Back to the session -
Back to the Programme-at-a-Glance
CCR5 monoclonal antibody PRO 140 inhibited HIV-1 resistant to maraviroc, a small molecule CCR5 antagonist
Presented by Andre J. Marozsan, United States.
A.J. Marozsan1, T.J. Ketas1, W. Huang2, J. Toma2, J.M. Whitcomb2, C.J. Petropoulos2, P.J. Maddon1, W.C. Olson1
1Progenics Pharmaceuticals, Inc., Tarrytown, United States, 2Monogram Biosciences, South San Francisco, United States
Background: PRO 140 is a humanized monoclonal antibody that binds CCR5 and is designed to inhibit CCR5-tropic (R5) HIV-1 replication. In a phase 1b clinical study in subjects with only R5 HIV-1 detectable, a single 5 mg/kg intravenous infusion of PRO 140 reduced HIV-1 RNA levels by 1.83 log10 on average. PRO 140 and small-molecule antagonists, such as maraviroc, bind distinct sites on CCR5, and the differences in binding may confer different determinants of viral resistance. To test this hypothesis, viruses were selected for resistance to maraviroc and tested for susceptibility to PRO 140 in vitro.
Methods: The HIV-1 Case C 1/85 (CC1/85) isolate was cultured in CD8-depleted, stimulated peripheral blood mononuclear cells in the presence or absence of escalating concentrations of maraviroc. Cultures were passaged weekly with 25% of the culture being carried over from the previous passage. Cultures were continued until the virus replicated in 10 µM maraviroc for 3 consecutive weeks. HIV-1 envelope genes were cloned from the culture supernatants, sequenced, and tested for co-receptor usage and drug susceptibility using Trofileä and PhenoSenseä Entry assays, respectively.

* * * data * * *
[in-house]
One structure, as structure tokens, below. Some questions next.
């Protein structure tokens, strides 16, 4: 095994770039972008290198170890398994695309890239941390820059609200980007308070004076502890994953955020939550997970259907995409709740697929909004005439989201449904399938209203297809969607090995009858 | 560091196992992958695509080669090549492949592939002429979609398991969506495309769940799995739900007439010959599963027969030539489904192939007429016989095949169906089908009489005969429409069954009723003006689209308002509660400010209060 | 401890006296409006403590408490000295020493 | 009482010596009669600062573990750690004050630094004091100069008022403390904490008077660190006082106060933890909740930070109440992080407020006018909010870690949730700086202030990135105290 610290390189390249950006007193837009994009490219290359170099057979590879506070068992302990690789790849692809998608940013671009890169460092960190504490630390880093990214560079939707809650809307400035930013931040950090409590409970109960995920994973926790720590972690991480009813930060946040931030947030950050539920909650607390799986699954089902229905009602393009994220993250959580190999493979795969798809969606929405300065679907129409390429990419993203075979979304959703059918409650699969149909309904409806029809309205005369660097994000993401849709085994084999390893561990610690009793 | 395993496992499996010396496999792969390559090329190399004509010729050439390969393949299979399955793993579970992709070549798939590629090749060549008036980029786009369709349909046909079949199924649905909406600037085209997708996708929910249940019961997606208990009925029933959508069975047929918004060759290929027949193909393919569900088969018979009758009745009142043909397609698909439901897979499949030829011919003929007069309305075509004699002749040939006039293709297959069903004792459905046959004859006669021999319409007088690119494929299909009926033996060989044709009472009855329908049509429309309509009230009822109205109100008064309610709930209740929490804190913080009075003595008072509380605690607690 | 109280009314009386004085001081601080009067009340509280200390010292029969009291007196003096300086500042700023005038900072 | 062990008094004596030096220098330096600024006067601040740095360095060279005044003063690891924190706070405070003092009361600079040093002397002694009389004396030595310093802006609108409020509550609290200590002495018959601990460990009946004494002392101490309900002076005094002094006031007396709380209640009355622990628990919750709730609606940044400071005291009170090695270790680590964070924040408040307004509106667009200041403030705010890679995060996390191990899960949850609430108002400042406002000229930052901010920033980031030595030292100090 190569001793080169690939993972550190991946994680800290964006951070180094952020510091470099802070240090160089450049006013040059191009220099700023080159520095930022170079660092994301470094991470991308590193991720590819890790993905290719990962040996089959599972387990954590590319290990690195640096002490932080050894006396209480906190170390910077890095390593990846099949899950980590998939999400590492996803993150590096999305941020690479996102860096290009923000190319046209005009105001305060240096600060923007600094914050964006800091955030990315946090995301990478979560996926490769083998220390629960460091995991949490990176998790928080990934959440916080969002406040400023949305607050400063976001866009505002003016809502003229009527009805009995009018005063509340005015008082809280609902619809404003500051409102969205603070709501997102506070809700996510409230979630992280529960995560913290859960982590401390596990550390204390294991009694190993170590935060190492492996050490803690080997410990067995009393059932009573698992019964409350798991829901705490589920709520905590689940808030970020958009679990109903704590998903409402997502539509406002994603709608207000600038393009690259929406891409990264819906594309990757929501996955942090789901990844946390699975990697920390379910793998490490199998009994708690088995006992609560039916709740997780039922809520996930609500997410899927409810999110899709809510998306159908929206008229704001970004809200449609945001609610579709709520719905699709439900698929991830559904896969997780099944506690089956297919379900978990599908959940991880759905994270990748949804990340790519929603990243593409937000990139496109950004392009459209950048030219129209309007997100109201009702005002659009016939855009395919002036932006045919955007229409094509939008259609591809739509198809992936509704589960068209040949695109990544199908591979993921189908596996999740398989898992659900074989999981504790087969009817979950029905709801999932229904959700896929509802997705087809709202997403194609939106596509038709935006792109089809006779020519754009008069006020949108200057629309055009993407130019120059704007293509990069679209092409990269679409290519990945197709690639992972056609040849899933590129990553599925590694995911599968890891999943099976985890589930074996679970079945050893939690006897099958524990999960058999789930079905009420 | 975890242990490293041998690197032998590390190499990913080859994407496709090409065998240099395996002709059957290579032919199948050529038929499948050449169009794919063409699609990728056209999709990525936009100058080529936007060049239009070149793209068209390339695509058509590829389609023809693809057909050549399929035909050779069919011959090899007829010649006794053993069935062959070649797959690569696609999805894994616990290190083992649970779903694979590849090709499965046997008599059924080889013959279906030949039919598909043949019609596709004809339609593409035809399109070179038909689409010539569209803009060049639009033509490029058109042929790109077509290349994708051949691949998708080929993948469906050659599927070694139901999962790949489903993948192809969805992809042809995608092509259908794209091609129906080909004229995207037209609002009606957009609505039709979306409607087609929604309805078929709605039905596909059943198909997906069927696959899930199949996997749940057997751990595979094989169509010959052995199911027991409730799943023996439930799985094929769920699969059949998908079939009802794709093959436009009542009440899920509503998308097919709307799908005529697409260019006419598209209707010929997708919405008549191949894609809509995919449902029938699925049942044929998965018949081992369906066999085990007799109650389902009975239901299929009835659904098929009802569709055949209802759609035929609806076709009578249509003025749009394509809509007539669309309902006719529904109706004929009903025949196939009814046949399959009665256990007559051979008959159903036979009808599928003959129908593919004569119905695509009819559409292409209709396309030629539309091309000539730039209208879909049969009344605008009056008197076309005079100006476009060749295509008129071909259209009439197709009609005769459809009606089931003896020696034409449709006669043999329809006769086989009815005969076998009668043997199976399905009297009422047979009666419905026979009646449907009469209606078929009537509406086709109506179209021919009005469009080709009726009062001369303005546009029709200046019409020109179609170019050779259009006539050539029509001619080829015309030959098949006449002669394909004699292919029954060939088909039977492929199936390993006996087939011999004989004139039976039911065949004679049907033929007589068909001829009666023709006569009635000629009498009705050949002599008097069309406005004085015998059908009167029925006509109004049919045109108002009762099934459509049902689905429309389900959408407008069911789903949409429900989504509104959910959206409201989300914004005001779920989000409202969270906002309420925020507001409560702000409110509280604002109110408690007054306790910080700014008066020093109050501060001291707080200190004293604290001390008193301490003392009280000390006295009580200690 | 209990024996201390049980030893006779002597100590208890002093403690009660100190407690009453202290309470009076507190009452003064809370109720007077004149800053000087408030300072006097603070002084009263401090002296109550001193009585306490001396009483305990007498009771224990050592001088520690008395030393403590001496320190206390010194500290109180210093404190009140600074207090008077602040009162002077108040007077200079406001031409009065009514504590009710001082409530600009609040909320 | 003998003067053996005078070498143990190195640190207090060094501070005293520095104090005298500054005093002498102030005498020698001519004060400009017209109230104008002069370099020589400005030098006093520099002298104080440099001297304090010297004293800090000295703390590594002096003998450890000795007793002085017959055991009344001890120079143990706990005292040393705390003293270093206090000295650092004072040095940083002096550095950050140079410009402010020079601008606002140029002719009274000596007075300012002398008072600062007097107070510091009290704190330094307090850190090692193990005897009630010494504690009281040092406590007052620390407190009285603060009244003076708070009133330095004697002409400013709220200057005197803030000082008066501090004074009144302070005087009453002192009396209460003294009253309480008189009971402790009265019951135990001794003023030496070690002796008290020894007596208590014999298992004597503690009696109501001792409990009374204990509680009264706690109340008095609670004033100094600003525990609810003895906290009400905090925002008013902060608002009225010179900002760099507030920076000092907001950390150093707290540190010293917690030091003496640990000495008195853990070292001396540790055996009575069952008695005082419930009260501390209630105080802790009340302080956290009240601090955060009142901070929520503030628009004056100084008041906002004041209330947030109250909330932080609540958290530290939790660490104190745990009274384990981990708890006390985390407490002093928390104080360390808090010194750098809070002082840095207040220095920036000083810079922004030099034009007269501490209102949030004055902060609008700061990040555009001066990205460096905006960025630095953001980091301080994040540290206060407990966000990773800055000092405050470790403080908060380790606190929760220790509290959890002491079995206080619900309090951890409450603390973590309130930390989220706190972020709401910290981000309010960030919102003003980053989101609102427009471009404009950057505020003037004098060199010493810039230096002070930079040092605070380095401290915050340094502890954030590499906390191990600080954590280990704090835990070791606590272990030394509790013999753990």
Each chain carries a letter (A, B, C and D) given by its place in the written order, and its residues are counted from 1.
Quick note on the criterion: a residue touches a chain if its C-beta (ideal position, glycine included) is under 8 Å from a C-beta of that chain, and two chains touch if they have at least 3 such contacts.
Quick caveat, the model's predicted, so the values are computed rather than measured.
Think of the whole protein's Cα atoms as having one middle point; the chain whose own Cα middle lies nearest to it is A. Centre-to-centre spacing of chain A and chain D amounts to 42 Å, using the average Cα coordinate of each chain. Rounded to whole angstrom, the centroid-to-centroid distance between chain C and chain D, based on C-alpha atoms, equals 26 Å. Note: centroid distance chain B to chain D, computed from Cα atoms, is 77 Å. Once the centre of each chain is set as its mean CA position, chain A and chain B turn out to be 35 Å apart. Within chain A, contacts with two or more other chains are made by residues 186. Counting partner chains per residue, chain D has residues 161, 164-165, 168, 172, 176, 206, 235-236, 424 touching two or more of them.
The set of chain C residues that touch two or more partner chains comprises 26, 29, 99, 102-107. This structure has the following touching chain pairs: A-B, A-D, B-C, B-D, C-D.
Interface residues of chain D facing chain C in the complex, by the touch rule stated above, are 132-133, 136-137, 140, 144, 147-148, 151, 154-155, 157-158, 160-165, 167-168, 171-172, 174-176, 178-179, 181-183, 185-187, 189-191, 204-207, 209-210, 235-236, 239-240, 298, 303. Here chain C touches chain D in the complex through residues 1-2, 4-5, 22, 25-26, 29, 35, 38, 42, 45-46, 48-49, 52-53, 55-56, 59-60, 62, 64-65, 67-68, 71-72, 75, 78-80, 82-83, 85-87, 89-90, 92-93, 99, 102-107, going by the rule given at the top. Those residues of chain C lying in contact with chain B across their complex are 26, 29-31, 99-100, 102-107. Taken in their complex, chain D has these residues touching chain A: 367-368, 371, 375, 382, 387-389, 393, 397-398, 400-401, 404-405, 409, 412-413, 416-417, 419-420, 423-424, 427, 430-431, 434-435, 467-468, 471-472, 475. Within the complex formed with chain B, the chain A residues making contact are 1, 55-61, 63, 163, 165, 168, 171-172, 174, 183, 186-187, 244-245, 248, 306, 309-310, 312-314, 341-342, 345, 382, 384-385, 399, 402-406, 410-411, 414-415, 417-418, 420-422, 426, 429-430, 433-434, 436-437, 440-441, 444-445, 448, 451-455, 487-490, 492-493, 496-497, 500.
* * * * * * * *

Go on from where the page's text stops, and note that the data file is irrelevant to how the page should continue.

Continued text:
Results: Maraviroc-resistant virus was isolated following 31 weeks of culture. The V3 region of this virus contained mutations (A316T, A319S, and I323V) that were previously associated with CC1/85 maraviroc resistance (Westby et al). Trofileä assay results showed that maraviroc-resistant and passage-control viruses continued to utilize CCR5 exclusively for entry. Maraviroc-resistant viruses displayed reduced maximal inhibition (48%) by maraviroc, but remained susceptible to inhibition by PRO 140 with a maximal inhibition (98%) and concentration (1.1-fold change IC50) similar to that of the parental isolate in the Phenosenseä Entry Assay.
Conclusions: Maraviroc-resistant viruses did not exhibit cross-resistance to PRO 140 in this study. The findings support the view that PRO 140 represents a CCR5 inhibitor class that is distinct from the small molecule drug, maraviroc.